The Irish authorities realised they would not simply be able to continue as before. They mobilised and expanded the army and developed wide spread efficient watching services. The lack of a black out was a deliberate tactic to prevent cases of mistaken identity, and where there were no inhabitants headlands were illuminated.
Approaching aircraft were carefully monitored. Civilian traffic was trained to use specific flight paths. Any other traffic had their location broadcast across a wide airband to act as a warning that they had been spotted and that they were off course.
In a further attempt to dissaude any belligerents overflying, the Irish would broadcast height and course details, pin pointing the aircraft neatly for its enemies.
In spite of all these efforts the Irish people found that they had an ever increasing number of airmen and sailors from Germany and England being ‘washed up on their shores’.
They had to accommodate them and so they built a camp on the east side of Curragh Camp, an army base. It was a prisoner of war camp typical of the era, rectangular with double barbed wire fences, the corridor between patrolled by armed guards who were provided with support by the machine gunners standing in the watch towers at each corner.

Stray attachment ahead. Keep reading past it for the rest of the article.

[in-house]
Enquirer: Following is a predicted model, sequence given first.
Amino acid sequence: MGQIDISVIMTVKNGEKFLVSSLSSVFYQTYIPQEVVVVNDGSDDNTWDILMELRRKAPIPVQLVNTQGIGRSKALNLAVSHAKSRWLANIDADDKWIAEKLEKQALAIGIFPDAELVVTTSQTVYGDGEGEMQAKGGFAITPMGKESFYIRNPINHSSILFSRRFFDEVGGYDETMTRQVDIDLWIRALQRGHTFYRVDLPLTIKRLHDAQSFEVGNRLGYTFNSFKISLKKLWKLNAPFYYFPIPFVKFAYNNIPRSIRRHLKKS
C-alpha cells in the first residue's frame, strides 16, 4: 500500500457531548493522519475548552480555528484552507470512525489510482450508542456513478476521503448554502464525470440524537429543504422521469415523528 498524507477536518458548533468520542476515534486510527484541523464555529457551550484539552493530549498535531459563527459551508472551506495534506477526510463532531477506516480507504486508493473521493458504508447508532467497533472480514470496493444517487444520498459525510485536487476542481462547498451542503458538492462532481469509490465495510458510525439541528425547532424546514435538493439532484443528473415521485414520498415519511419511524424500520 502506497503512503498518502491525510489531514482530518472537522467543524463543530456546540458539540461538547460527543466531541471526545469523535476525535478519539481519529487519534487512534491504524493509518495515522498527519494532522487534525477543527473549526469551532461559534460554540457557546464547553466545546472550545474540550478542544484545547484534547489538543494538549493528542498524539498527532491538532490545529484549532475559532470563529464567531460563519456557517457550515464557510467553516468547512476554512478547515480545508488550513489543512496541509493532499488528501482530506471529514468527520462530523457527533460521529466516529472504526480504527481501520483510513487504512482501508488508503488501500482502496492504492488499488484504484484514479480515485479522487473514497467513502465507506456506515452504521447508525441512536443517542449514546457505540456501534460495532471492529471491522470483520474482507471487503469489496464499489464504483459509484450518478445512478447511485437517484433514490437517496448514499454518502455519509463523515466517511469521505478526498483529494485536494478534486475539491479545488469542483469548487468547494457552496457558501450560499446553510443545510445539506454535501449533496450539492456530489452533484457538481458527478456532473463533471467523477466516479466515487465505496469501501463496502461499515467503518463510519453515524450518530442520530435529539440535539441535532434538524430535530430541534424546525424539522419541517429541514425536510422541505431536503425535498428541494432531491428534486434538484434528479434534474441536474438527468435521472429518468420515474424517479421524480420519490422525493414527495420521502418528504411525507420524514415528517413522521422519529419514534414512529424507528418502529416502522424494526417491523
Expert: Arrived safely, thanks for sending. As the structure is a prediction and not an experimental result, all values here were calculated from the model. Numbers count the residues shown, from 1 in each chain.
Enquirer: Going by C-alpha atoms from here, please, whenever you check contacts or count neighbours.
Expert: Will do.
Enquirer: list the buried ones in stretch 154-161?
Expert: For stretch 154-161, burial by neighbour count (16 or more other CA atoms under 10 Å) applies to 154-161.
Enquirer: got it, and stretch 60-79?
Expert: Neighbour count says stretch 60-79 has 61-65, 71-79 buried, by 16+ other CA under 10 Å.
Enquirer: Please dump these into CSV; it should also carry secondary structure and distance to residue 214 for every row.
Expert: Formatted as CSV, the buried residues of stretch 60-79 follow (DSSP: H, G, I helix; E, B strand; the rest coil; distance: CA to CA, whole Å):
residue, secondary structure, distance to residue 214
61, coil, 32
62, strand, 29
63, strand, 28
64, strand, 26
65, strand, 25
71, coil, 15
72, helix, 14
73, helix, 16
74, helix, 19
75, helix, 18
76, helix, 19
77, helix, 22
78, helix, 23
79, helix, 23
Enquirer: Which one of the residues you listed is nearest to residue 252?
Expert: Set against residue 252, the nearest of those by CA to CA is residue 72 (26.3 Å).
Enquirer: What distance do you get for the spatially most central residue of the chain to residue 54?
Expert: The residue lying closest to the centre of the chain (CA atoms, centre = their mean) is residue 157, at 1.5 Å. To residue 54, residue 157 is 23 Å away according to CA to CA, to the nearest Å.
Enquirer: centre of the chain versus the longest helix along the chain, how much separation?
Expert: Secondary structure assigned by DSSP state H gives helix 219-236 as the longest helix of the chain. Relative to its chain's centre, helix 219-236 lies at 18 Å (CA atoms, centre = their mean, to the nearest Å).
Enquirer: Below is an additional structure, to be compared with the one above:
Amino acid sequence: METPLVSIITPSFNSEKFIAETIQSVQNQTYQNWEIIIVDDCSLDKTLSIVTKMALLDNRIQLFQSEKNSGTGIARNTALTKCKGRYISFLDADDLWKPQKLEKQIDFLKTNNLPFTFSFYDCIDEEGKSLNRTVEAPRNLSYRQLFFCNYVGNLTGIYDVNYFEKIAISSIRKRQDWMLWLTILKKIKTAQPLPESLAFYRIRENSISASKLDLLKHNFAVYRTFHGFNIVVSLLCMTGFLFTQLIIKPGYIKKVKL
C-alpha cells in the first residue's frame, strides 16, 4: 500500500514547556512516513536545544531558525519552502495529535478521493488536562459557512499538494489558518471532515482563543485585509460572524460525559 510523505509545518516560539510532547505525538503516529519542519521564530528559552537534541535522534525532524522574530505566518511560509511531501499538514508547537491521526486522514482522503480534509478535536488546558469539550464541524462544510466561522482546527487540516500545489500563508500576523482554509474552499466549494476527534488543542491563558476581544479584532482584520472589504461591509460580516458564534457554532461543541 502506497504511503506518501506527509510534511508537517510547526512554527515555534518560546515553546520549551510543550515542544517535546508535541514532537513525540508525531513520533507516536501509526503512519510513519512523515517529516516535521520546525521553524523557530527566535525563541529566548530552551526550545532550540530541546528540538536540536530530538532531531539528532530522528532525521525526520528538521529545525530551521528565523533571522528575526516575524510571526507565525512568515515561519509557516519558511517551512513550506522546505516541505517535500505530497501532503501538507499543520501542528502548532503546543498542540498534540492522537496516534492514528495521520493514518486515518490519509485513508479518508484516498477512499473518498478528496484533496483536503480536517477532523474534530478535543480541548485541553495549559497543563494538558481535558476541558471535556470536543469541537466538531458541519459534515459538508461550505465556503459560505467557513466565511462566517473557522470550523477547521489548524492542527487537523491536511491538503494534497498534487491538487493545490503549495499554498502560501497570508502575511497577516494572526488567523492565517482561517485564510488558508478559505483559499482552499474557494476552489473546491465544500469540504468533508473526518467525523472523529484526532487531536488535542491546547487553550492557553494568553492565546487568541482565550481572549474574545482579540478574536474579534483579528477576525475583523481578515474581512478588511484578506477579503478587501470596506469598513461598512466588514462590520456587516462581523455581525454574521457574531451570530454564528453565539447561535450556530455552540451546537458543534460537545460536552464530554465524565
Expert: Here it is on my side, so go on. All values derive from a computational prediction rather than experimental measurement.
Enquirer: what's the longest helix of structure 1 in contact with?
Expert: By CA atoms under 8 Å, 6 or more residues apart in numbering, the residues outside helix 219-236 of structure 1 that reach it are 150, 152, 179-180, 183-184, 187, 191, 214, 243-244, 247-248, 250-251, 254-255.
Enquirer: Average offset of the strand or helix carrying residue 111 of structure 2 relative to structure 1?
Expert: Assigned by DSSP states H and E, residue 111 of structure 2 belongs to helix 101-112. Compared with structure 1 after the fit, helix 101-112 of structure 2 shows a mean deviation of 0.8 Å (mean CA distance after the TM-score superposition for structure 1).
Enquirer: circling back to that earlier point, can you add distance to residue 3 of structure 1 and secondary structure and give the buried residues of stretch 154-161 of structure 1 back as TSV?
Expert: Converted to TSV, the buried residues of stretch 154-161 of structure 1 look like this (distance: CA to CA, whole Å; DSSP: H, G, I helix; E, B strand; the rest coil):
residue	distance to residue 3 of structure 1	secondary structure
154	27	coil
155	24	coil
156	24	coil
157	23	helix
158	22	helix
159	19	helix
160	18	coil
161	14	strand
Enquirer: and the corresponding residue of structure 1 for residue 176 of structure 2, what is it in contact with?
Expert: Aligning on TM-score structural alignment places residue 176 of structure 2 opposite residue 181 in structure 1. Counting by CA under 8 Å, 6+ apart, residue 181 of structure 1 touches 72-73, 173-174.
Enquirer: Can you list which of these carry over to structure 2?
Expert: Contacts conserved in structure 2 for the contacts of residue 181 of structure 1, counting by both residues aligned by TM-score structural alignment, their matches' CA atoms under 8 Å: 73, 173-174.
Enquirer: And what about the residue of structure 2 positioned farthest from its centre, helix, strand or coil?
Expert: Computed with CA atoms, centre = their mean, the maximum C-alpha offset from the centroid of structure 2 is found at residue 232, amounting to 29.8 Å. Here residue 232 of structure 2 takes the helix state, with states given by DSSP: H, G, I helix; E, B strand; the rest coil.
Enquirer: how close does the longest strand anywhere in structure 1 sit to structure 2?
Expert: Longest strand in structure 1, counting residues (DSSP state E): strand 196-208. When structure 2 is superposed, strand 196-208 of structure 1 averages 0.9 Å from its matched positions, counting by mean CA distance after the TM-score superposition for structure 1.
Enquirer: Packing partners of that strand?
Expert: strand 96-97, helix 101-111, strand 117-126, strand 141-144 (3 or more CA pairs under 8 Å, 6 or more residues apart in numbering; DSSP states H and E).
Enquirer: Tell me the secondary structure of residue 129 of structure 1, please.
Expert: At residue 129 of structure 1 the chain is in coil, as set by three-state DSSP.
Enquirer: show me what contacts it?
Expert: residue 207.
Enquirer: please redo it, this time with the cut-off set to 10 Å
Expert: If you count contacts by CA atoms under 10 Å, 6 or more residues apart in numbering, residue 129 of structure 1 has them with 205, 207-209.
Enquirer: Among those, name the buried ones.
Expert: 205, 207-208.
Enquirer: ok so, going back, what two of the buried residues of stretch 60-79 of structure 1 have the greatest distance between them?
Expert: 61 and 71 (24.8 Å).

What made this camp different though was that it was divided down the centre into ‘G’ Camp and ‘B’ Camp. Each had their own entrance on either side of a guard hut which had a door and a window into each compound. ‘G’ camp was the home to German forces and ‘B’ camp accomodated Allied internees. Reportedly it became ‘B’ camp as the first residents were British, but it later held Canadians, Americans and other nationalities.
Copy of the parole agreement
RAF Miles Master 1
Miles Master 1, N8009, from No 307 Squadron, RAF was slightly off-course on its route from Ringway to Jurby, when it forced-landed on December 21, 1940 on the wrong side of the Irish border near Dundalk County Louth. Understanding where they were, the crew attempted a take off but turned the aircraft over in the rough terrain.
The two airmen were immediately arrested. They were William A. Proctor from Blairgowie, Perthshire, Scotland and Aubrey R. Covington from Kingston on Thames.